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BAYELSA COMMUNITY UP IN ARMS AGAINST AGIP OVER UNEMPLOYMENT OF INDIGENES

By NBF News
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In Bayelsa State regarded as the hub of the Niger Delta region, one recurring issue centres on brewing tension between the oil companies and host companies. While the issue of environmental degradation through the activities of oil companies occupies the front burner, that of non-employment of qualified indigenes of the communities is vexed matter.

Indeed one community that cannot allow the issue of the non-employment of its people remains unattended to is the Ogboinbiri community in Southern Ijaw Local Government Area of Bayelsa State. Having played host to Nigeria Agip Oil Company for 26 years with its eleven oil wells, the community have served notice that they would not take things lightly with Agip.

Recently the people of the community staged a peaceful protest to press home their demands for the people of the community to also be employed as staff of the oil company.

The community which claimed that it has over 200 qualified indigenes that can employed in Agip, noted that the employment of just two indigenes of the community several years ago should have been followed with subsequent employment for all other people.

The Chairman of the Community Development Committee, Elder Captain Edugo said the community has included its demands in the recent Memorandum of Understanding ( MoU) it signed with the community. According to him, efforts to persuade the management of Agip which has over eleven oil wells in the Community and currently embarking on a gas gathering plant have been in vain.

He said: 'Since 1986 till date, Agip has not employed any of the indigenes as a permanent staff of the company. The management has turned deaf ears to our demands informed the peaceful protest being embarked upon by members of the community.

Even the ongoing gas gathering project known as 'Agip oil and Gas Flow Station up grade project, which has commenced in the last three years have no single indigene as a staff in spite of the availability of qualified man power among the indigenes of the host community'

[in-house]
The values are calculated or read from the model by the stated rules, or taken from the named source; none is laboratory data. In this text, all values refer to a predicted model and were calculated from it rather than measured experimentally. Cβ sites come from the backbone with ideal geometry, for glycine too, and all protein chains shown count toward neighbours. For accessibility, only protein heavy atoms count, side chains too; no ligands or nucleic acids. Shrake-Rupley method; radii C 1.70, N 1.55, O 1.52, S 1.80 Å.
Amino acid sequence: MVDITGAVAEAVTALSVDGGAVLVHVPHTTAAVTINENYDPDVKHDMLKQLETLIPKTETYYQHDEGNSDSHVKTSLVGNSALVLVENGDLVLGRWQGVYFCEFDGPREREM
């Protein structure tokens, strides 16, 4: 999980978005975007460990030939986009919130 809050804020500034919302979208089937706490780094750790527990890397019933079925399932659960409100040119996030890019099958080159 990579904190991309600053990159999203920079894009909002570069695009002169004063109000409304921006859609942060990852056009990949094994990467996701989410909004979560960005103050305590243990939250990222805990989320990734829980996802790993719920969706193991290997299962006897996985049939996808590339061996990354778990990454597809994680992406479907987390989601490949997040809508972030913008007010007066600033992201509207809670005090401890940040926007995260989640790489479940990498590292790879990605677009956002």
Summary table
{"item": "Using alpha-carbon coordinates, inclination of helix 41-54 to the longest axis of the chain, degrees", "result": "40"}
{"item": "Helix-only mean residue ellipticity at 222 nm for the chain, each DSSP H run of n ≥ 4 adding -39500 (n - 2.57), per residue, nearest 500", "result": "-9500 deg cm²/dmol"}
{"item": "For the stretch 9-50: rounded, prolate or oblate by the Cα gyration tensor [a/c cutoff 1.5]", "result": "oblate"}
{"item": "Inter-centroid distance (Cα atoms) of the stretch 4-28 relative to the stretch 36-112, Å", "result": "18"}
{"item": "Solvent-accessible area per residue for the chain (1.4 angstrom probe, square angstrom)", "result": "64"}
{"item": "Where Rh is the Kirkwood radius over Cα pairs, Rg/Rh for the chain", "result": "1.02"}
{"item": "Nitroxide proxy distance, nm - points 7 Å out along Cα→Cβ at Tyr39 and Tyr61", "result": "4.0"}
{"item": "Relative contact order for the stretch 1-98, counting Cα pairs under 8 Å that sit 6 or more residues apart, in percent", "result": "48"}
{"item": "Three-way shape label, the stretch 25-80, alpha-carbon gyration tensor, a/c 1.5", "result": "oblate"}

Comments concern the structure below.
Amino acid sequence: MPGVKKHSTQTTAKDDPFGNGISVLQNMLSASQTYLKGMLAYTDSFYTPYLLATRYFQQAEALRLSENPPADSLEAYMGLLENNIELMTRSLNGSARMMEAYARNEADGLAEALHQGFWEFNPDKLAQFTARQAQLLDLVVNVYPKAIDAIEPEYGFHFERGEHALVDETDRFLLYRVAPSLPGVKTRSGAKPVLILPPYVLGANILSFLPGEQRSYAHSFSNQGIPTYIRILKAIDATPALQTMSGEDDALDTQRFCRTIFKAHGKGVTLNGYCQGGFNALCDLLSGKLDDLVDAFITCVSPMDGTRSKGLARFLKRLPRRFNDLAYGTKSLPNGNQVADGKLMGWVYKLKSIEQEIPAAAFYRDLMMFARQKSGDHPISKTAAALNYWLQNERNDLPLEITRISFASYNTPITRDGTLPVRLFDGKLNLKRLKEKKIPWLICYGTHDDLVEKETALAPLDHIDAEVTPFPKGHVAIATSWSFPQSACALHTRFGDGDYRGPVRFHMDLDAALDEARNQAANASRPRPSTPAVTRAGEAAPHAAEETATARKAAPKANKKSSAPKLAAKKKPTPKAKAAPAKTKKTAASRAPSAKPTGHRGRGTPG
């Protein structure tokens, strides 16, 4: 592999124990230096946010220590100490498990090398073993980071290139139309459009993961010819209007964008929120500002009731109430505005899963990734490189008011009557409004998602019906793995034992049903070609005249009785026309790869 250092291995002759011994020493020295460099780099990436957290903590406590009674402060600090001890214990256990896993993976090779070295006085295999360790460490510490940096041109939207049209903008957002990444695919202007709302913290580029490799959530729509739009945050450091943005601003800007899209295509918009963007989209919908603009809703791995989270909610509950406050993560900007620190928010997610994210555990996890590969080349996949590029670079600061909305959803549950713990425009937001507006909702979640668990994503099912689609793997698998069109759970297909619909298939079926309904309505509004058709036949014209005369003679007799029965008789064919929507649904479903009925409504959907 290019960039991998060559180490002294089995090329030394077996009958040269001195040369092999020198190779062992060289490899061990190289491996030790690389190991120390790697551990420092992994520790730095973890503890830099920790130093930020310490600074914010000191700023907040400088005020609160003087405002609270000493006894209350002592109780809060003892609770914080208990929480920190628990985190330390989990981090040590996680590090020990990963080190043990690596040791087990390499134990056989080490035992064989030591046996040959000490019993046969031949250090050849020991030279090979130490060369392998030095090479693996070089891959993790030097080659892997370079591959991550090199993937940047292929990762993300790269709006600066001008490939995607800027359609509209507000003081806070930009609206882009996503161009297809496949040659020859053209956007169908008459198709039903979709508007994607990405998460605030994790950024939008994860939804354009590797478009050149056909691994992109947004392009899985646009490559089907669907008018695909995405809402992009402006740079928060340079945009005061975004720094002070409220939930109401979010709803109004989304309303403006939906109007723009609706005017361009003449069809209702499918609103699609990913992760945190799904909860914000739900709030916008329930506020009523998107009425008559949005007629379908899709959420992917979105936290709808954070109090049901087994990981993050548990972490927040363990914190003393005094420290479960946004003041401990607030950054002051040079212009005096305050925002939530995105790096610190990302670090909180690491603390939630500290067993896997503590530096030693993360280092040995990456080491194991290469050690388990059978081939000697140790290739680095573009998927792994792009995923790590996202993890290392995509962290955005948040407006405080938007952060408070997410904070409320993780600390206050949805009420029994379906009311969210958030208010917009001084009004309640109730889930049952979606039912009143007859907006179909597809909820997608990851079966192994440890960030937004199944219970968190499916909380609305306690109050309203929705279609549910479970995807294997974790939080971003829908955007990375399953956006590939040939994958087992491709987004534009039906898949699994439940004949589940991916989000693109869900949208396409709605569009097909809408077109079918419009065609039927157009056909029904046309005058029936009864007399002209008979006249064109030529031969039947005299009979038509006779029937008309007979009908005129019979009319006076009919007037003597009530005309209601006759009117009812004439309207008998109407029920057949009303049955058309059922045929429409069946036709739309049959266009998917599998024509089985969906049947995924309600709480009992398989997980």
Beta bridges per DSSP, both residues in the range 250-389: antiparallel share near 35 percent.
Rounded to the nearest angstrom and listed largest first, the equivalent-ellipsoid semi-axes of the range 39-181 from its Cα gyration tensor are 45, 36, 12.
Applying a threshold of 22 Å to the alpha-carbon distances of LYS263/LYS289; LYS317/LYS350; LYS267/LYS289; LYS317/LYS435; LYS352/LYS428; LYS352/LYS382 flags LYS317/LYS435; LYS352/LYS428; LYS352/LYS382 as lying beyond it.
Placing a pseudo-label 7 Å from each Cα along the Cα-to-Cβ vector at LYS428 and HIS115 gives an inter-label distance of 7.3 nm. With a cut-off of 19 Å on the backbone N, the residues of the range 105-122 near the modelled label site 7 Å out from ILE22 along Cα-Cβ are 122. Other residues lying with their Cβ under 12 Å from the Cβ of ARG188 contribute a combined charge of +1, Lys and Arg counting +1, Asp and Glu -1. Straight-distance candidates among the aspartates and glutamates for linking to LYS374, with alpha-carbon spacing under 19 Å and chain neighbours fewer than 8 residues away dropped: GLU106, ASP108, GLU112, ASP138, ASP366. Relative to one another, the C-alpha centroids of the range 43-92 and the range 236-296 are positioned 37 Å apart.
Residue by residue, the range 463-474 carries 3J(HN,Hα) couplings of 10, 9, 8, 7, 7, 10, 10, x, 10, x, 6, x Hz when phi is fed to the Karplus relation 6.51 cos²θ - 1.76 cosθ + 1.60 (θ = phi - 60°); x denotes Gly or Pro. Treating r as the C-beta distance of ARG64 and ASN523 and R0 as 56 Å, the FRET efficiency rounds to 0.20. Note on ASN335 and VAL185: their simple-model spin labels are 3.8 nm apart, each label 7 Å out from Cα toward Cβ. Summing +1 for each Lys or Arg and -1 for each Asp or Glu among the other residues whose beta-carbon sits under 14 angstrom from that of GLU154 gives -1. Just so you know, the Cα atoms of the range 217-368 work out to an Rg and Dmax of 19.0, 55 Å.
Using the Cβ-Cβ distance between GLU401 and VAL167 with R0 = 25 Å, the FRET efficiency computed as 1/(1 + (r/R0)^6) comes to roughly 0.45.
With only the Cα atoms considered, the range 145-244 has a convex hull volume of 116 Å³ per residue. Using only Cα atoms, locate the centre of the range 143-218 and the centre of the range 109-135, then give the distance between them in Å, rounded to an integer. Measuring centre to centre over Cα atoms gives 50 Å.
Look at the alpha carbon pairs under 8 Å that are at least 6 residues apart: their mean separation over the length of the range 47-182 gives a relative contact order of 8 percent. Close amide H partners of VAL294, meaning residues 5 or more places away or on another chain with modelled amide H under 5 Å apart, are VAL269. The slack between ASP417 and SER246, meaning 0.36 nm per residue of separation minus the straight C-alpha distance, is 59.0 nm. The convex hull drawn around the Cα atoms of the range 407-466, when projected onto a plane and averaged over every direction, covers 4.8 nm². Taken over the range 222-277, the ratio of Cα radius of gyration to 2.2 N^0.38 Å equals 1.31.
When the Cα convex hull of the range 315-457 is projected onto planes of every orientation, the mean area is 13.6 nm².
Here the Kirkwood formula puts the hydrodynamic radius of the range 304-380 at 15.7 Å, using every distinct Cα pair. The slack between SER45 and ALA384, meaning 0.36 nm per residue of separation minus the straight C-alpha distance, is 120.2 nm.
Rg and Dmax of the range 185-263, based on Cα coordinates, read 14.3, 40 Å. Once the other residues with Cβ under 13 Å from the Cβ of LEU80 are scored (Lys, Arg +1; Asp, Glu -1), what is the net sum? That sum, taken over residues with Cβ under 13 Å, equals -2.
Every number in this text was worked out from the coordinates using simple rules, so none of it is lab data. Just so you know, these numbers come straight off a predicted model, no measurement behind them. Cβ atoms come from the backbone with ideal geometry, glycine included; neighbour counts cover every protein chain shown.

In tandem with Edugo was the Secretary General of the CDC, Mr. Tari Daniel who appealed that government should prevail on the authorities of Agip to employ and embark on human capital development of indigenes of the host community.

Daniel recalled that over the years, members of the community have been protecting the Agip facility but it never dawned on the company to employ any of them as permanent staff.

'Since 1994 when NISCO commissioned Agip , we have been protecting this facility but Agip has not taken us seriously', noted Daniel who pointed out that the community is also suffering environmental impact of the company's activities.

Daniel said: 'In its EIA report, lots of impacts have been discovered in the course of the project. Gone were the days when Agip will give excuses of no qualified personnel in the community for employment. Today we are proud to say that we have over 200 qualified graduates in our community, Agip as the company operating in the community should employ them'.

Mr. Chris Brown, the Youth Leader of the CDC who shed more light on the  rationale behind the peaceful protest said the gas gathering project  which is nearing completion have not seen any of the indigenes employed.

He expressed disgust over the security agents' attitude   for labeling them miscreants even though they were carrying out peaceful and genuine protests.

'Now the project is almost completed and yet no indigene has been given permanent employment. We have for long been appealing to them to employ our people but they refused, and this informed our peaceful protest to draw the attention of government, we won't be violent, but Agip should recognize our importance,' he added.

Ms. Helen Diefa, the woman leader of the community lamented that Agip has not cared to embark on micro credit facilities for women in the area whose farmlands have been polluted.

Her words: 'Our mothers are suffering as they can't even go to their farms because the waters have been polluted by the company's activities. We need employment and credit facilities such as loans. No toilets and pipe born water, we need all these'

An ex-militant in the community, Mr. Eliot Erepamo, who say he is retired but not tired noted that the  Niger Delta and the oil companies need peace to operate, and advised Agip to live up to the demands of the host community to make permanent employment for the  qualified indigenes.

Sources said the management of Agip had intervened and have appealed to the community to suspend further protests which has been lined as the company is ready to engaged them in dialogue to resolve the matter.